Fiction   Essays   Poetry  The Ten On Baseball Chapbooks In Memory

Canon Synchrony, C. 1919, by Stanton Macdonald-Wright

Melanie Burke Zetzer


for Eddie

You are a ship
trapped in a medicine bottle.
Your sails will never catch the wind under glass,
stiff riggings,
no salt air.

Placed on a shelf.
They put a
a plastic
childproof cap
on your daydreams.

For a dollar a day.
You are time released to go off
when you reach age eighteen.

Hitting on Buddha

I used to have a bong shaped like a buddha,
with a bowl in his belly,
& a hole in the back of his head,
that you could draw from
as long as you put your finger
over the carburater in his big toe.

In Buddha
I smoked red bud,
with tiny red hairs.
with only two seeds per quarter pound.
skunky stuff,
thick and tightly packed,
just a pinch
in Buddha was all it took.

The thing, I liked the most,
about my Buddha bong,

other than hitting on his head,
you could fill him up with wine,
Strawberry Boones Farm
was preferred.
when you ran out of weed,
you could drink of Buddha, too.
Like a spring
coming from a rock.

For twelve years,
I took Buddha,
where ever I went,

to the high desert in San Bernardino, California,
to the swamplands in Florida,
to urban centers like New York City,
Boston, Chicago, L.A.,
from one side of this country,
to the other.
I even took Buddha,
with me to Boulder, Colorado.

One day, Buddha
and I,
grew weary.
I got sick,
and developed a hacking cough.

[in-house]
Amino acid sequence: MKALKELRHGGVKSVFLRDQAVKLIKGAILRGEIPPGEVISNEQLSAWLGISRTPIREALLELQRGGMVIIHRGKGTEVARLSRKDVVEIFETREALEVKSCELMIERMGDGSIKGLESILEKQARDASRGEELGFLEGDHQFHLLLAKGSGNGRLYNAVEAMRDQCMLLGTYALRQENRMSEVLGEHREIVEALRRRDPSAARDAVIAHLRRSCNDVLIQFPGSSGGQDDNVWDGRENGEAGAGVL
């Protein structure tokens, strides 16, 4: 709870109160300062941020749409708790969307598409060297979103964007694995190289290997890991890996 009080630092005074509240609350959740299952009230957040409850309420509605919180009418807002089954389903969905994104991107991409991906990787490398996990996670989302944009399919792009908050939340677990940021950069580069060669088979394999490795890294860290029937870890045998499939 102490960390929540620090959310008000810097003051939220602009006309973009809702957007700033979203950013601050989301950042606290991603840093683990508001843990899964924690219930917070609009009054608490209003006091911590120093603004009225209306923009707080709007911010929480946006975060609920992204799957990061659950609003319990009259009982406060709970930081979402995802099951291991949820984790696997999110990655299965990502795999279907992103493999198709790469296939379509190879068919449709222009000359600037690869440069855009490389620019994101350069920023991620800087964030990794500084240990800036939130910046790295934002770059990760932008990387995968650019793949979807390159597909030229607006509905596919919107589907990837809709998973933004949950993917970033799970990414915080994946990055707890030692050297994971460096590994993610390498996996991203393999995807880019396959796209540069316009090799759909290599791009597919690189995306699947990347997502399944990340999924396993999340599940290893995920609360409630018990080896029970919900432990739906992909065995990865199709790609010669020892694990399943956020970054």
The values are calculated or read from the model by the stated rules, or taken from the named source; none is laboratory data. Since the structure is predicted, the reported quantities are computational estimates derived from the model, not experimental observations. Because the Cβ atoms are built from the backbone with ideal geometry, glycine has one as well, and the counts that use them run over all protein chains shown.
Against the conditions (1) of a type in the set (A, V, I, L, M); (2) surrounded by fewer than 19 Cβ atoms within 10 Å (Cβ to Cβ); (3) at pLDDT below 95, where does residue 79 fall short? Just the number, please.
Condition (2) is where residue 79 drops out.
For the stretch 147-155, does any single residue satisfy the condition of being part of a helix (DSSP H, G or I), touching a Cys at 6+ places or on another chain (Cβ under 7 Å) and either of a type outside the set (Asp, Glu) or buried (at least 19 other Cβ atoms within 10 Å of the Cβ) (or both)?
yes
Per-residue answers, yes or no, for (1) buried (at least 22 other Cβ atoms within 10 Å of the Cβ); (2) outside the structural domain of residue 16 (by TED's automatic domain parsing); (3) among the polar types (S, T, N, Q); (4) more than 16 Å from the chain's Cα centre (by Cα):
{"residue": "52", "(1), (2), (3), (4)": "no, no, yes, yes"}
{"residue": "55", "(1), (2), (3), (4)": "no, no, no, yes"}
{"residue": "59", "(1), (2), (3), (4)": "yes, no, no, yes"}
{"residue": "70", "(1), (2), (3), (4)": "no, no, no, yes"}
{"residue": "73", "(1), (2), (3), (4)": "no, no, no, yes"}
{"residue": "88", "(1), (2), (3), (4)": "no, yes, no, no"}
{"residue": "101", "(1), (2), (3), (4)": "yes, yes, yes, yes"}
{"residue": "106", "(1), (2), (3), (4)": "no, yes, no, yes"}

I could no longer draw from god.

I lost the spirit,
I lost the faith,
I lost the numbers to my dealers,
when I lost my wallet,
back in Boulder, Colorado.

So I gave Buddha
to my best friend Gary,
in Baton Rouge, Louisiana.
He still has Buddha.
He keeps him in the bottom drawer,
of his black, lacquered, night stand,
wrapped in tissue,
next to a box of sex toys.
He and his wife,
still hit on Buddha,
in between visits,
to the methadone clinic,
in downtown New Orleans.

©1996, 2003 by Melanie Burke Zetzer

Melanie Burke Zetzer is originally from Louisiana, but is currently happily nestled into the wooded and scenic hills of Hot Springs, Arkansas in a rustic cabin with her teenage son and her new puppy, Scrappy Doo. She is a home health care nurse, and is attending UALR college part-time, where she enjoys their excellent Creative Writing Program. When she is not working to pay the bills, chasing teenagers, dogs, and paperwork, she and her son like to rough it, camping, fishing, hiking, and looking for crystals in the nearby Caney Creek Wilderness Area. Melanie says she writes because she has to, and because she wants to, and because she can, and will continue to do so until the ink in her pen runs dry.

  Home Contributors Past Issues Search   Links  Guidelines About Us


Subscribe to the Slow Trains newsletter